Jews have lived in Iraq since ancient Babylonian times, after the Assyrian and Babylonian captivity over 2,700 years ago, and they didn't encounter such problems of this kind. However, with the onset of World War II and the success of Rashid Ali al-Gaylani, who was close to Nazi leader Adolf Hitler, and his coup against the regent government of Crown Prince Abd al-Ilah, an atmosphere of hatred against the Jews spread. This wave intensified after Britain removed Gaylani from power at the behest of the Jews, which was seen as a great British endorsement of Iraqi Jews. This was sufficient for the outbreak of the first Farhud attacks against Jews in 1941.

After the occupation of Palestine and the failure of the Arab army to regain its territories, animosity towards Jews increased and things continued this way for subsequent years. The Jewish population declined from 135 thousand in 1948 to less than 15 thousand by 1951, and then further decreased to only 100 individuals by 2003.

During those years, Jews maintained their right to practice their religious rituals. They had well-known sites such as the Tomb of the Prophet Nahum in the Alqosh district in northern Nineveh Governorate, the Tomb of Ezra in Al-ʻUzair in Maysan Governorate, and the Tomb of the Prophet Ezekiel in Babylon Governorate. Additionally, there was the Shrine of Sheikh Isaac Al-Ghawuni in Al-Rusafa in Baghdad, the "Meir Taweig" Synagogue located on the eastern side of the Tigris River in Baghdad, later known as one of the centers for registering Iraqi Jews interested in emigrating to Israel, and the Habibiya Cemetery in the Al-Sadr City of Baghdad, which is considered the largest Jewish cemetery in Iraq.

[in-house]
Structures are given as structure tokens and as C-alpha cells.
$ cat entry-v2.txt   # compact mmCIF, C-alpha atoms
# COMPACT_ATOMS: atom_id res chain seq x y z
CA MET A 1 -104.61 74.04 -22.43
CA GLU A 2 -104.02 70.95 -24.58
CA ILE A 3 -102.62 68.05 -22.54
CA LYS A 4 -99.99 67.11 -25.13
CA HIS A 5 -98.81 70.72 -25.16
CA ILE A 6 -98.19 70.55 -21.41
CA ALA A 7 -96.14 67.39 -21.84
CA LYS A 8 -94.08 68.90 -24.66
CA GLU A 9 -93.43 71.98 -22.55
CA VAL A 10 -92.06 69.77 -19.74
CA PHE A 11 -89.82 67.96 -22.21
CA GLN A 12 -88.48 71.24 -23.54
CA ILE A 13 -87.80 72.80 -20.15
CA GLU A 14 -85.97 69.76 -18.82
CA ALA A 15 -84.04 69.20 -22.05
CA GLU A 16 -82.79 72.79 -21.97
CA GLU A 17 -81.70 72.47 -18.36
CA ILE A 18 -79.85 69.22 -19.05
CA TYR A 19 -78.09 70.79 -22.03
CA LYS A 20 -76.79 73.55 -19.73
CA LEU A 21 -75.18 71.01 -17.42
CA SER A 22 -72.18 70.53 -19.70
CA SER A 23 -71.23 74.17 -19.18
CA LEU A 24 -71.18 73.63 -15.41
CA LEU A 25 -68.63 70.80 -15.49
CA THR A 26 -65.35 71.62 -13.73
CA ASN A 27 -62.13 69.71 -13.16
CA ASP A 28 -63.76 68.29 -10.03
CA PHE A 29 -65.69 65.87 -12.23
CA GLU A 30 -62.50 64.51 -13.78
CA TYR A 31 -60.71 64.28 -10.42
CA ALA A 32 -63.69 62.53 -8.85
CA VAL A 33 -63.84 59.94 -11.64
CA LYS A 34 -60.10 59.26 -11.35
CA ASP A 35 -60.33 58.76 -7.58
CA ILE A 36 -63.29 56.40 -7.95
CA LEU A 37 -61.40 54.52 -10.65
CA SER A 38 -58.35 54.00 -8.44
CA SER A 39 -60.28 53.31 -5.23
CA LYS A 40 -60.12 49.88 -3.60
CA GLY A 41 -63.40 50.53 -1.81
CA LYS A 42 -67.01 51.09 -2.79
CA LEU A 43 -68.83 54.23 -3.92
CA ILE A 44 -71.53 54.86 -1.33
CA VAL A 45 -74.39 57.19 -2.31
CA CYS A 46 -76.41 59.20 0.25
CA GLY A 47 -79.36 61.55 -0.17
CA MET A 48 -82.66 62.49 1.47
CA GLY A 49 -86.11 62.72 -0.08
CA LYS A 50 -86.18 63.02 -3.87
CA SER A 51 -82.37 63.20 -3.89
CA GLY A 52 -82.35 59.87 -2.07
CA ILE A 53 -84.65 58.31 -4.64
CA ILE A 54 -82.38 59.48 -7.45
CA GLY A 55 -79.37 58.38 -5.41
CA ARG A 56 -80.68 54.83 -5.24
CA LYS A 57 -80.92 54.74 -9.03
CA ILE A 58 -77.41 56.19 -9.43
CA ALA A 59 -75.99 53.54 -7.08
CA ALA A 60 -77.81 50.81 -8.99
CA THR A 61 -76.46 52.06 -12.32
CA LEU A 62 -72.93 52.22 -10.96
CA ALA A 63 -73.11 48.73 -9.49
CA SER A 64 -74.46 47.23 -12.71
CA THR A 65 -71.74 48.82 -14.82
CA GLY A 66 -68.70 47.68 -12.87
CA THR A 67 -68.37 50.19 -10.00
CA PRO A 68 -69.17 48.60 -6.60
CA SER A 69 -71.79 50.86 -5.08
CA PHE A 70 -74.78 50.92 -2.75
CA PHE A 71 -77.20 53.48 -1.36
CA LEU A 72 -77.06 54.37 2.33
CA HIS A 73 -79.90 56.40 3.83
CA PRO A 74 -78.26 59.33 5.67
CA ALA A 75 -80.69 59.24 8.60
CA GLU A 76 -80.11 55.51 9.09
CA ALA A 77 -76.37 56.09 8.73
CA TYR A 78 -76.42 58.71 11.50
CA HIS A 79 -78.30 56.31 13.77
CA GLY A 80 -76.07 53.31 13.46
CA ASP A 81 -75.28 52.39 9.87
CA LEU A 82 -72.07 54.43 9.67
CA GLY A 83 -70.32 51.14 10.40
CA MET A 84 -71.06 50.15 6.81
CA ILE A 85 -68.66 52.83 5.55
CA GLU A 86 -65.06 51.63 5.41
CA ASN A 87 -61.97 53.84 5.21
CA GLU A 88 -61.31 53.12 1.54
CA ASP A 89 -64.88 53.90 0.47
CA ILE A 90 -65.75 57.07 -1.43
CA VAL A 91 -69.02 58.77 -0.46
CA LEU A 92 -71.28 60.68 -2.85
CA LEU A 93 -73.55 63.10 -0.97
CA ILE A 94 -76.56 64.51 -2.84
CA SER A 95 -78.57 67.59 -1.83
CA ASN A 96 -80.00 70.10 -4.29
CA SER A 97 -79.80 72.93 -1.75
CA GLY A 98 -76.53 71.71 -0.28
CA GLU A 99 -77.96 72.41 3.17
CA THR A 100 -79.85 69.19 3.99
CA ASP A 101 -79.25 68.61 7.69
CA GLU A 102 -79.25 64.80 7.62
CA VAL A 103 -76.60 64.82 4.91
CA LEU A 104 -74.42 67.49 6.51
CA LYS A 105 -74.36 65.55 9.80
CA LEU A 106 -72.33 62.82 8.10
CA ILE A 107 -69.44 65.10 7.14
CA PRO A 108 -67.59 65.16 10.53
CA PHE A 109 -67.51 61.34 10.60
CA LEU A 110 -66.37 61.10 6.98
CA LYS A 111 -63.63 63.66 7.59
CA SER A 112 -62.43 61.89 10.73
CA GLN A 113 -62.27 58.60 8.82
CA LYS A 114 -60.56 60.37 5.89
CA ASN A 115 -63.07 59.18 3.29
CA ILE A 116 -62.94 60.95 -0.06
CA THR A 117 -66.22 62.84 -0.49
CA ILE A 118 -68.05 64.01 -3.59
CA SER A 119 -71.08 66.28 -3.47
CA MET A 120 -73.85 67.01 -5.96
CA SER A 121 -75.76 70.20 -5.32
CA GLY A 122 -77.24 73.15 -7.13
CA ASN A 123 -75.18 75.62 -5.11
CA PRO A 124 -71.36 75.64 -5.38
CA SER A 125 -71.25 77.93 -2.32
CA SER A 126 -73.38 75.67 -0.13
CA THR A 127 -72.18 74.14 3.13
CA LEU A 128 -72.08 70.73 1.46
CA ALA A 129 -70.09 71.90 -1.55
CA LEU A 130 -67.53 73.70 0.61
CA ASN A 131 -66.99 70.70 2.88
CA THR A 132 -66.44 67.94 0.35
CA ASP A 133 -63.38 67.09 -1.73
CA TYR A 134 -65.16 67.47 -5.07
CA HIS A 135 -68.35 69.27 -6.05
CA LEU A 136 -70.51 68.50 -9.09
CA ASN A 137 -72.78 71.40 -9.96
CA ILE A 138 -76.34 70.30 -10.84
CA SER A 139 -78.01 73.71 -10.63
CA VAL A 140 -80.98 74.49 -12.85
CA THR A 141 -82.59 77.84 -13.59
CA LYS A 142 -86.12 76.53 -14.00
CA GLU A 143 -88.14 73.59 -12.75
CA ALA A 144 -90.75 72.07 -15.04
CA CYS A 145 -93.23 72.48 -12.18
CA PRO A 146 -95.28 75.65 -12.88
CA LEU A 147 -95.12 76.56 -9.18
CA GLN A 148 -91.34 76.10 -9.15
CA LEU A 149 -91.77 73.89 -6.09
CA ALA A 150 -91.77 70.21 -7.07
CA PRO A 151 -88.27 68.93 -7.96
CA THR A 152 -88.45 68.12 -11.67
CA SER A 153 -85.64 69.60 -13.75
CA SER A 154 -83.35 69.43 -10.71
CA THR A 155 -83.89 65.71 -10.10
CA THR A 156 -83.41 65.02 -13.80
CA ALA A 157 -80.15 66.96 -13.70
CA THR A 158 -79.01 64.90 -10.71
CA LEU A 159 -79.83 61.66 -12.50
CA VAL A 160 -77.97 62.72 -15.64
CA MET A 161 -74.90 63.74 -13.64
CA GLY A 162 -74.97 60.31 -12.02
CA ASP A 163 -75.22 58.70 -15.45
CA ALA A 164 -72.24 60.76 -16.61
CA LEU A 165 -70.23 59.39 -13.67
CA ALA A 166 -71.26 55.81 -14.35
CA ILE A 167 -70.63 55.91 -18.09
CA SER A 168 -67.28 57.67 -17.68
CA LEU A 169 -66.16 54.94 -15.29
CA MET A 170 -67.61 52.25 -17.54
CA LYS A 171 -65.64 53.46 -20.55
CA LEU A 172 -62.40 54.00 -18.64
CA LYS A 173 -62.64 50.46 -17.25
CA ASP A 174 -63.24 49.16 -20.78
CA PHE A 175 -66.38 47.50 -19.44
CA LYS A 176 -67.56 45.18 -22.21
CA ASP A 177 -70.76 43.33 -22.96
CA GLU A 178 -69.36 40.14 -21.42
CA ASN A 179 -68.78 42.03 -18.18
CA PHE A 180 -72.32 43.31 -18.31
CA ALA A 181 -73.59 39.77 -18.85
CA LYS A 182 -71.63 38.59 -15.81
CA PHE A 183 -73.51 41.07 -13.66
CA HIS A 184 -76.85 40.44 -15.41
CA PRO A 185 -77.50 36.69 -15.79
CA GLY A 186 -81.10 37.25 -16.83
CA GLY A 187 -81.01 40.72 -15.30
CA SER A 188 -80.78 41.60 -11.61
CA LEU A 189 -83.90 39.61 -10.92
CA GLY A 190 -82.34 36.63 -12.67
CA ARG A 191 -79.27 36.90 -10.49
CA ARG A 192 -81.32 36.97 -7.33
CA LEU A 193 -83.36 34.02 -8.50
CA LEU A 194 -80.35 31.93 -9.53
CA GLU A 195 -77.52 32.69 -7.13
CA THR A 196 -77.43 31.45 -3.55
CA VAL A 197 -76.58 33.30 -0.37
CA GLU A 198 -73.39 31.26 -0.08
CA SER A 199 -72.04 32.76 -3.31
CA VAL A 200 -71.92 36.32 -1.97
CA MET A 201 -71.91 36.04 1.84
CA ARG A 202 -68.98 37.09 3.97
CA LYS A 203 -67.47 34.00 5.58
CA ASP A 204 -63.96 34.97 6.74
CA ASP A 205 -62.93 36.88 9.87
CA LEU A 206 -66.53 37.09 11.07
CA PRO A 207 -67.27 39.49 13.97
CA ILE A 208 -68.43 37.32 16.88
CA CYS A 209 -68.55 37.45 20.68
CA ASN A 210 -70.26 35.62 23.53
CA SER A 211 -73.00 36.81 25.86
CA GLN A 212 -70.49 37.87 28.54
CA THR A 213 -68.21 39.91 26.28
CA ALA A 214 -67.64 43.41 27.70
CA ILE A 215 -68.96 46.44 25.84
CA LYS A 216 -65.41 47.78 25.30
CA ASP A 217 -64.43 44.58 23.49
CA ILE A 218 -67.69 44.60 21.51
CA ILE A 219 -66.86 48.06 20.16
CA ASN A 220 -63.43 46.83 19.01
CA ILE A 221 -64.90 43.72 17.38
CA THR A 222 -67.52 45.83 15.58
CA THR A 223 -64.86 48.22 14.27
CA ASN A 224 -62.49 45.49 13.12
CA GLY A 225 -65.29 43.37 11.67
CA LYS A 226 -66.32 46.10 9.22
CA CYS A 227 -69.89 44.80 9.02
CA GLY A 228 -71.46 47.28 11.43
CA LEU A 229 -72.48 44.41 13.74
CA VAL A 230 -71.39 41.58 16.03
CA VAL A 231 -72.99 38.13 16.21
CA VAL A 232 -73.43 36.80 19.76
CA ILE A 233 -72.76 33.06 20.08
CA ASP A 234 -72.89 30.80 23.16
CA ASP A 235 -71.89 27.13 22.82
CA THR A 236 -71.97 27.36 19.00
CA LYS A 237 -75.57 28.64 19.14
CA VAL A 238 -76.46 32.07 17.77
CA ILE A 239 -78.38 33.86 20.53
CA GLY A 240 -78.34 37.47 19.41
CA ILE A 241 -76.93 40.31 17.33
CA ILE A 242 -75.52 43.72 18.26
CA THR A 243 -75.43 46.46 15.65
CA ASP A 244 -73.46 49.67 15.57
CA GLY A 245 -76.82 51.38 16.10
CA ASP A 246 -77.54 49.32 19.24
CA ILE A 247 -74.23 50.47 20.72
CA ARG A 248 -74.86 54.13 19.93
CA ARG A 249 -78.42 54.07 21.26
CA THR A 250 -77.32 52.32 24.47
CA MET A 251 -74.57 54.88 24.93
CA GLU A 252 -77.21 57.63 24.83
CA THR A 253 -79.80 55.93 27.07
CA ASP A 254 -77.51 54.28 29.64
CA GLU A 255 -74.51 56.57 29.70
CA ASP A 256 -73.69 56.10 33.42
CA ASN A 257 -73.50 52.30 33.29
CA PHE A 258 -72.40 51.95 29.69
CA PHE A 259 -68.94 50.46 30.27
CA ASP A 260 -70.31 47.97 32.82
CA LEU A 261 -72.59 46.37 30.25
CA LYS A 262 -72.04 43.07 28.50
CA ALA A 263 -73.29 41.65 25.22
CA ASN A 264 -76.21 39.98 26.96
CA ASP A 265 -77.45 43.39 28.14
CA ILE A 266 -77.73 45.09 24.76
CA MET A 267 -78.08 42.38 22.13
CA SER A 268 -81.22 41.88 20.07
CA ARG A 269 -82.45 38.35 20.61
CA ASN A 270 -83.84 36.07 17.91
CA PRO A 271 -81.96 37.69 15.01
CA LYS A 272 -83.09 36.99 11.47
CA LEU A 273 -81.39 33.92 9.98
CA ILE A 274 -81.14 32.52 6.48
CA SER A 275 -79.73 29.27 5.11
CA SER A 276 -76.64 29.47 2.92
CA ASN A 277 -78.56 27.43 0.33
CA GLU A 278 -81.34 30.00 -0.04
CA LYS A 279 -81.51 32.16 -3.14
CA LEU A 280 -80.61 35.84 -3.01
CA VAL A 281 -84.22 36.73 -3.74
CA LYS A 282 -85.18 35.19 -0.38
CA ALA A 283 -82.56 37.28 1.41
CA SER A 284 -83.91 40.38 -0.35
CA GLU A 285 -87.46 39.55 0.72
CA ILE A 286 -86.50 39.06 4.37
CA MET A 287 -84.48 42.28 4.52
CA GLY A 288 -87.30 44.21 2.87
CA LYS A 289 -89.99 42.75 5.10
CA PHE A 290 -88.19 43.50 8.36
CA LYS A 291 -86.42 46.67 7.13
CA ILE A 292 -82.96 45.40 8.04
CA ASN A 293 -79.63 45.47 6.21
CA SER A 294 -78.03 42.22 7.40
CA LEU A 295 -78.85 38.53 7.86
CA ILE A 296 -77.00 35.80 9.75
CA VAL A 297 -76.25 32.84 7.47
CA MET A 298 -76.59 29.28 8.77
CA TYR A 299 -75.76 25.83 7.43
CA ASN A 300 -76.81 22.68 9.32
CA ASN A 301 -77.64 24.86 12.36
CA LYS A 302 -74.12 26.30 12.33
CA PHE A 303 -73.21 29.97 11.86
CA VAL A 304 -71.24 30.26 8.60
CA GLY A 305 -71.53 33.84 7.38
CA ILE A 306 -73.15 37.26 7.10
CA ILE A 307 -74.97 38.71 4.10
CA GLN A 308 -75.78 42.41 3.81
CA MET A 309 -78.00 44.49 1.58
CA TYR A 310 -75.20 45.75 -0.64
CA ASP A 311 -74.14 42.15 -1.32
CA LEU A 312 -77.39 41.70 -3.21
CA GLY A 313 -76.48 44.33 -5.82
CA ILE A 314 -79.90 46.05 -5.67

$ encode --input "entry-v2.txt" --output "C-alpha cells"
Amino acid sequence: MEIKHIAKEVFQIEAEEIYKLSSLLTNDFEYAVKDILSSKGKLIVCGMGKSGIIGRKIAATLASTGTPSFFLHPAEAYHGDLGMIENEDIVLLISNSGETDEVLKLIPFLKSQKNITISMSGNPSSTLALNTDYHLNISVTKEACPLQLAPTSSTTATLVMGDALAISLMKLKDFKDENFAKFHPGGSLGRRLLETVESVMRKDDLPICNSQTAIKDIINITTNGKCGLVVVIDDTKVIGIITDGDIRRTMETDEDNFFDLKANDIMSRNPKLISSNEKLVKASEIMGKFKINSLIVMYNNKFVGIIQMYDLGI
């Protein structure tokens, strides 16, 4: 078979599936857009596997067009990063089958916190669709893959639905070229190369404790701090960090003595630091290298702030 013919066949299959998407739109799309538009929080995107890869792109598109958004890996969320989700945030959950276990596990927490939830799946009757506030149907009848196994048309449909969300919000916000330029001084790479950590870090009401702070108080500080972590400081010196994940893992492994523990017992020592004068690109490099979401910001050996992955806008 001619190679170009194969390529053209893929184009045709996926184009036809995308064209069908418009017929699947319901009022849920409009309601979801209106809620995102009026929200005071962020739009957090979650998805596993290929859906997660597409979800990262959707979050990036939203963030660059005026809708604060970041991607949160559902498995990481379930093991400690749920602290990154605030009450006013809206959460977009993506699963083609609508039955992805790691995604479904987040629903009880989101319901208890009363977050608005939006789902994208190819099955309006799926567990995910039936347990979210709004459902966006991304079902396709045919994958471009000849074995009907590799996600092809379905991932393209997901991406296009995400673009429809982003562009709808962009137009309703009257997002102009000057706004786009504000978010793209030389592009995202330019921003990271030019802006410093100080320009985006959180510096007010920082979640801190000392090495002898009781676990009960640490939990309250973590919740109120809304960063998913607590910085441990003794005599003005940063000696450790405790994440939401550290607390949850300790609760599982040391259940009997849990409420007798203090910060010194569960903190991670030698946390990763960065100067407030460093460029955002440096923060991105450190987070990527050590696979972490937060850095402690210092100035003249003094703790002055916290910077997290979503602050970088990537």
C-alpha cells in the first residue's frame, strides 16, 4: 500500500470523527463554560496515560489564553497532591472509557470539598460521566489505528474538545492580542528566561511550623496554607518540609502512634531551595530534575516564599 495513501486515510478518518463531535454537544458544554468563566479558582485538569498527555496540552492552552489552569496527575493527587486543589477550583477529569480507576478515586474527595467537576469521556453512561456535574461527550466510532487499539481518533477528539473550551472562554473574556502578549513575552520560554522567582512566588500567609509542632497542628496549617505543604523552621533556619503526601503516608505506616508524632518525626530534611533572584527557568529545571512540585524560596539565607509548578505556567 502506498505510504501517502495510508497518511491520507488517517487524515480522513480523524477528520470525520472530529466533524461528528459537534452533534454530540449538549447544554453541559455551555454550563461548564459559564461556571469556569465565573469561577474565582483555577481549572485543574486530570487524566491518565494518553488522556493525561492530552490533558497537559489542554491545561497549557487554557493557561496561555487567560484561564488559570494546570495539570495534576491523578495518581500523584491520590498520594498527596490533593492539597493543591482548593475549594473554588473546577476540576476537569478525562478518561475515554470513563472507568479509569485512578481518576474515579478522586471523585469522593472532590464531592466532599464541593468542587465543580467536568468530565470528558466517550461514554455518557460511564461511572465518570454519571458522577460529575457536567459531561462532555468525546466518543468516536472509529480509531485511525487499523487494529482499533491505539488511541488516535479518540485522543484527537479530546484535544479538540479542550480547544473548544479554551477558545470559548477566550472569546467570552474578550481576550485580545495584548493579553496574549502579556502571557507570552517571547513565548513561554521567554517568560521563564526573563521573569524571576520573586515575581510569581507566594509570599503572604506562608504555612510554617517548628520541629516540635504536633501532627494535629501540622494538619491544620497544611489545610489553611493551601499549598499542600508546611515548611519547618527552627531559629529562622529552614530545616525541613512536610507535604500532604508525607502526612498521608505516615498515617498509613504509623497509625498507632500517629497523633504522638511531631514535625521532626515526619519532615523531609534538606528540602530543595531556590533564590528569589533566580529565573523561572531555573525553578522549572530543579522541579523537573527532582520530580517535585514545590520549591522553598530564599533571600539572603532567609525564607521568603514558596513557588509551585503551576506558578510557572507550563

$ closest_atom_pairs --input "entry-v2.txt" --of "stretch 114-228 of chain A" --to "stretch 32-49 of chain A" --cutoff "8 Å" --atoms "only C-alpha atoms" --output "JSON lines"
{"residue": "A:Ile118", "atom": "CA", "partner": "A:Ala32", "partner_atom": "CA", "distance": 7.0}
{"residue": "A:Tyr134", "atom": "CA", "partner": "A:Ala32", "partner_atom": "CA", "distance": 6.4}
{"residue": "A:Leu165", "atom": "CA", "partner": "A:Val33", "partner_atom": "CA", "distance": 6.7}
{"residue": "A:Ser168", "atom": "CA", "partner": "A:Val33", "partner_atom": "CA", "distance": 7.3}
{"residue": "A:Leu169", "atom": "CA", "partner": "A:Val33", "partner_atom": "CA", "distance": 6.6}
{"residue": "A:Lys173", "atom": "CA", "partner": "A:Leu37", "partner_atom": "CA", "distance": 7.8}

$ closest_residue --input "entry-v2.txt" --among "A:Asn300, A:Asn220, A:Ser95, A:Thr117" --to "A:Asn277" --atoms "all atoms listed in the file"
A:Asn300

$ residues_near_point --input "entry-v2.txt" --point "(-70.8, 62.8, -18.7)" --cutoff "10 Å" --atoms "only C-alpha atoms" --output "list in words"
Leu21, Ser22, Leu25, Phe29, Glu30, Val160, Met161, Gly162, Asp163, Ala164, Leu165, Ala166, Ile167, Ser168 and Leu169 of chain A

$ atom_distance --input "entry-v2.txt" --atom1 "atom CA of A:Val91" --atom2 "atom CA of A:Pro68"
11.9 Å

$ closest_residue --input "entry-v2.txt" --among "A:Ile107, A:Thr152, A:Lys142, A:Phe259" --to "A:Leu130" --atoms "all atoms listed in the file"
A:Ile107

With all these events, it remains evident that Jews were a major part of Iraqi society and contributed to the establishment of the first state. It was also rumored that most of them were opposed to the Zionist movement, and examining these details after all these years is difficult, as historians say, who present the facts without making definitive conclusions.